Prime Minister Benjamin Netanyahu has a well-honed strategy when it comes to hammering home his message, particularly when it involves the Iranian existential threat. He knows that in order to make a real impact when you’re repeating yourself, you need a gimmick – preferably one with a visual impact the international media can’t resist.
But his decision at Sunday’s Munich Security Conference – brandishing a piece of wreckage from an Iranian drone (shot down over Israel on February 10) – took his philosophy of “a picture is worth a thousand words” to a whole new level.
Until now, most of Netanyahu’s gimmicks have involved documents: drawings, photographs, maps. But to make his point this time, he went beyond pen and ink, holding an even more dramatic prop above his head.
The scene was heightened by the presence of Iranian Foreign Minister Mohammad Javad Zarif in the audience and Netanyahu’s decision to challenge him directly: “Do you recognize it? You should, it’s yours. Don’t test Israel’s resolve.”
Zarif may have scoffed at Netanyahu’s tactics, calling them a “cartoonish circus” designed “to blame others for [Israel’s] own strategic blunders, or maybe to evade the domestic crisis they’re facing.” On a PR level, though, they were a huge success, grabbing headlines worldwide.
And domestically, Netanyahu’s confrontational moment in Munich quickly inspired an avalanche of memes on social media.
Several of the memes posted on Twitter were political barbs – one turned the wreckage into a case of cigars; another covered it with brands of the potential criminal cases hanging over Netanyahu’s head. Others were just plain silly.
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The Israeli leader’s history of using props and visual aids dates back more than a decade. Perhaps the most famous instance was his 2012 United Nations speech in which he stunned diplomats and inspired endless Internet jokes by using an amateurish black-and-white drawing of a bomb with a fuse that showed Iran’s progress toward nuclear weapons.
“I brought a diagram for you,” he told the assembled diplomats. “Here’s the diagram. This is a bomb. This is a fuse.”
Then, using a red marker, he literally drew a red line at the stage at which he believed Iranian nuclear development needed to be curtailed.
But the bomb wasn’t the first time Netanyahu used his “show-and-tell” approach.
Earlier that same year, addressing the American Israel Public Affairs Committee, he held up copies of letters sent between the U.S. government and the World Jewish Congress regarding the dangers of Nazi Germany in the run-up to World War II.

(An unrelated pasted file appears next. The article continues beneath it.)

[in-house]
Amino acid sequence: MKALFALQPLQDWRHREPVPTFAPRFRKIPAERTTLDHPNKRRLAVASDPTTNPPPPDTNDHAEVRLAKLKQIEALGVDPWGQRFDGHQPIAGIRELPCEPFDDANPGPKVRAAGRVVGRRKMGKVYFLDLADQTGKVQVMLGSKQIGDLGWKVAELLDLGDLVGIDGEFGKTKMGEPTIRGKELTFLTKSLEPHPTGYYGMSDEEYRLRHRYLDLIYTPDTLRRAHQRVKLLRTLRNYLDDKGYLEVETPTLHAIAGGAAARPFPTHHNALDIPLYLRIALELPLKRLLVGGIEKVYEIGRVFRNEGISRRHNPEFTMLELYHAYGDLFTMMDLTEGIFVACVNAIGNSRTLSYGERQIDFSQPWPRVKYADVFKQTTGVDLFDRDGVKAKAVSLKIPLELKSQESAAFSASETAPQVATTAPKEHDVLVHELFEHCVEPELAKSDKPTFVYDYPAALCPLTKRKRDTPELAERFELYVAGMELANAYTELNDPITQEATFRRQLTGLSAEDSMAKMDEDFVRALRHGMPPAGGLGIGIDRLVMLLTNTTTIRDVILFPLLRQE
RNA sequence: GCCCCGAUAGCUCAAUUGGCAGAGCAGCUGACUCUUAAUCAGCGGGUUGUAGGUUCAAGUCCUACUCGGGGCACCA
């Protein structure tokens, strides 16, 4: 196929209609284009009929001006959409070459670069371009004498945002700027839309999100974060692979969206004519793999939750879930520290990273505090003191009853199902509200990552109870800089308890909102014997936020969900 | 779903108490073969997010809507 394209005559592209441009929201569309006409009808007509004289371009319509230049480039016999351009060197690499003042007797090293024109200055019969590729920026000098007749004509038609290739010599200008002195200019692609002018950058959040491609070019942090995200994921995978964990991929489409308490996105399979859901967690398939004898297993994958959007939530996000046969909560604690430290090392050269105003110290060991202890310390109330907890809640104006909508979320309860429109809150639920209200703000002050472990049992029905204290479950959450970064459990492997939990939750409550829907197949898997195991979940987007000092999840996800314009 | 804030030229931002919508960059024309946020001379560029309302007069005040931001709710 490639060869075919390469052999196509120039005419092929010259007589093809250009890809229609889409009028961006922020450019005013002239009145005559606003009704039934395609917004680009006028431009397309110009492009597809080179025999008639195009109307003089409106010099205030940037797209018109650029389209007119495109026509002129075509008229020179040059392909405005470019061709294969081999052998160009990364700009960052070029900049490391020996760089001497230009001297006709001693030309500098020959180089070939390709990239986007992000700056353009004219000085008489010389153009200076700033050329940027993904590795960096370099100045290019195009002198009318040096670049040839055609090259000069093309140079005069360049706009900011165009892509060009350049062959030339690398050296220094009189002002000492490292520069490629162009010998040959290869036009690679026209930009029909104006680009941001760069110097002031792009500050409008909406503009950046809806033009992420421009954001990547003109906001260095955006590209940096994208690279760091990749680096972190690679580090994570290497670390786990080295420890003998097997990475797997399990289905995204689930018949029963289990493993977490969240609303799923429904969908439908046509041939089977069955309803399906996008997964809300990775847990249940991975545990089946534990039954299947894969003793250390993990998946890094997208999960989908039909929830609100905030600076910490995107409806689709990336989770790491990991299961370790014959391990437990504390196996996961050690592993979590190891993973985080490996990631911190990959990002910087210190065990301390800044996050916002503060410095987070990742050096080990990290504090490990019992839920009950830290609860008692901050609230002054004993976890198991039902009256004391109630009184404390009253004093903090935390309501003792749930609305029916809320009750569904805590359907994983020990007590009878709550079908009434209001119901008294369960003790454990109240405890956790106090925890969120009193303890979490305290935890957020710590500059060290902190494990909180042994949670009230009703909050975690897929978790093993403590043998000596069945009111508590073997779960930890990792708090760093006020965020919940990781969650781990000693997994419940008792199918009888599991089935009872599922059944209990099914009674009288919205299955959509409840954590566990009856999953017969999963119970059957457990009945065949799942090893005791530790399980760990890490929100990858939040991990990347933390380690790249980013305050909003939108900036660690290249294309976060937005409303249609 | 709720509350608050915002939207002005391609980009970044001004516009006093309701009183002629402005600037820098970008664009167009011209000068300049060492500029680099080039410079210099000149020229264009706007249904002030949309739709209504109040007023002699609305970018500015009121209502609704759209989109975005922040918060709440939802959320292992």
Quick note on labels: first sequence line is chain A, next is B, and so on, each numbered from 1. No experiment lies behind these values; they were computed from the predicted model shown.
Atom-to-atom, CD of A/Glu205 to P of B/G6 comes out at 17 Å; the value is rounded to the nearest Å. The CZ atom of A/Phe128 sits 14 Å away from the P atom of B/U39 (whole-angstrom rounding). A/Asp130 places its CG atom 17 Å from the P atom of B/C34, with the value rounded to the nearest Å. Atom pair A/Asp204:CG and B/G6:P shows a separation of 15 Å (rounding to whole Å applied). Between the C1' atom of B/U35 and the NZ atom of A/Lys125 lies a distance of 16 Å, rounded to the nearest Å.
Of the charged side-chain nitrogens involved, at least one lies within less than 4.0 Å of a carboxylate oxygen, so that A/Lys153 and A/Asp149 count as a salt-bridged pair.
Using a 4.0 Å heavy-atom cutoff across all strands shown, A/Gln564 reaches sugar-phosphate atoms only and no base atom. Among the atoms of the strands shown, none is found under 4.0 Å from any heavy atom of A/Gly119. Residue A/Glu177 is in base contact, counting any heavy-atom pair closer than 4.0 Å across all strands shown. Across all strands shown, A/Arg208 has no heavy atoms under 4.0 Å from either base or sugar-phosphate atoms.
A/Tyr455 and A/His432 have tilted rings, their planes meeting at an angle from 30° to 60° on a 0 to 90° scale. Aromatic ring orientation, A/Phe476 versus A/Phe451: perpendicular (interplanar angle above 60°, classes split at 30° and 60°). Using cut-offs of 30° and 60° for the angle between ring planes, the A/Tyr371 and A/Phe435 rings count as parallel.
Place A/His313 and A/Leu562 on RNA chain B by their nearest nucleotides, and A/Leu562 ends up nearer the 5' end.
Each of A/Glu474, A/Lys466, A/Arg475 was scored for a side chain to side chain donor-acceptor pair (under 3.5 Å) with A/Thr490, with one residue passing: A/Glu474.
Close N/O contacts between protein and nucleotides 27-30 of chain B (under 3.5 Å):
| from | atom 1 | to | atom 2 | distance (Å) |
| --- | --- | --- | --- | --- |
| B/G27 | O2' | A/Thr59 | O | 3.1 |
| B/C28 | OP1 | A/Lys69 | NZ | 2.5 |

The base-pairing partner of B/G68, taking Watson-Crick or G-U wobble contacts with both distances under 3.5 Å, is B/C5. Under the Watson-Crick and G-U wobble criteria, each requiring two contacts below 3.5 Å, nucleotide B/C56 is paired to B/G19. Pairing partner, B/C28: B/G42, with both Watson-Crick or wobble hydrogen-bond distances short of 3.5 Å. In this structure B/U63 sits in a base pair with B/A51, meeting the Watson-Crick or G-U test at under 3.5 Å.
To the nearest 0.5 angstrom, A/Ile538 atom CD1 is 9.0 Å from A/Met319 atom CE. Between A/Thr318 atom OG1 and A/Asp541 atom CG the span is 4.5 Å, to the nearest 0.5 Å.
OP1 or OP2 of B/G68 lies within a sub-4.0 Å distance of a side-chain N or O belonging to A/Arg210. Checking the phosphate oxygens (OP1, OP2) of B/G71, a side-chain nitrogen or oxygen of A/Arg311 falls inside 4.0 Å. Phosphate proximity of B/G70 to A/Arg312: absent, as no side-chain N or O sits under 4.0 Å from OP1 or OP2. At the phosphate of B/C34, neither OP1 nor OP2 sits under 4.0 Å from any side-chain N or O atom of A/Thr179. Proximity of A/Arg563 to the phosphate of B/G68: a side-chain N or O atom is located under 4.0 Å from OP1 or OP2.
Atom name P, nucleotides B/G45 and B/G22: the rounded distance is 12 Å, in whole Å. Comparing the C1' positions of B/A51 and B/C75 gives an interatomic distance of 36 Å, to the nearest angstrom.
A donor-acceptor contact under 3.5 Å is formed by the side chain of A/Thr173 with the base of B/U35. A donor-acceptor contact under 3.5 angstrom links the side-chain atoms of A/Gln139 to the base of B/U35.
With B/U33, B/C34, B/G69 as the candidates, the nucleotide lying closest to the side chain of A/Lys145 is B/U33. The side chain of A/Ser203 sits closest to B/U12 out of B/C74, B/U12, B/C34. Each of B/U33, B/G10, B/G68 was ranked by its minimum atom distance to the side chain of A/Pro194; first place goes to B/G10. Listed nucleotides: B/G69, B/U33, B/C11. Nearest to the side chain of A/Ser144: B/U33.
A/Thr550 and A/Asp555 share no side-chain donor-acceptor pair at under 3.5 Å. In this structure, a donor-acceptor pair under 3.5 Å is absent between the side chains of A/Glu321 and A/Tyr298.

“Some commentators would have you believe that stopping Iran from getting the bomb is more dangerous than letting Iran have the bomb,” he said. “They say that a military confrontation with Iran would undermine the efforts already underway; that it would be ineffective; and that it would provoke an even more vindictive response by Iran. I’ve heard these arguments before. In fact, I’ve read them before.”
Back in 2009, he again went visual. At the UN assembly, he shot back at then-Iranian President Mahmoud Ahmadinejad, who had called the Holocaust a “lie,” and his statements the previous day when, Netanyahu said, he “stood at this very podium and spewed his anti-Semitic rants.”
“Is this protocol a lie?” Netanyahu asked, shaking a copy of the minutes of the Wannsee Conference (the 1942 meeting during which Nazi officials planned the Final Solution).
The prime minister also held up the architectural blueprints of the Auschwitz-Birkenau death camps and asked, “Are the successive German governments that have kept these documents for posterity all liars?”
In his 2014 UN speech, he digressed from the usual Iran message, instead fighting back against condemnations of Israel’s bombing operations in the Gaza war. He held up an image of a child in Gaza frolicking next to a rocket launcher, in order to illustrate his claim that “Hamas deliberately placed its rockets where Palestinian children live and play.”
In addition to the headlines and memes, there was another sign Netanyahu’s approach has impacted the international diplomatic arena, and that he might actually be a trendsetter. A Munich Security Conference official tweeted that other speakers at the gathering were letting their visuals do the talking as well.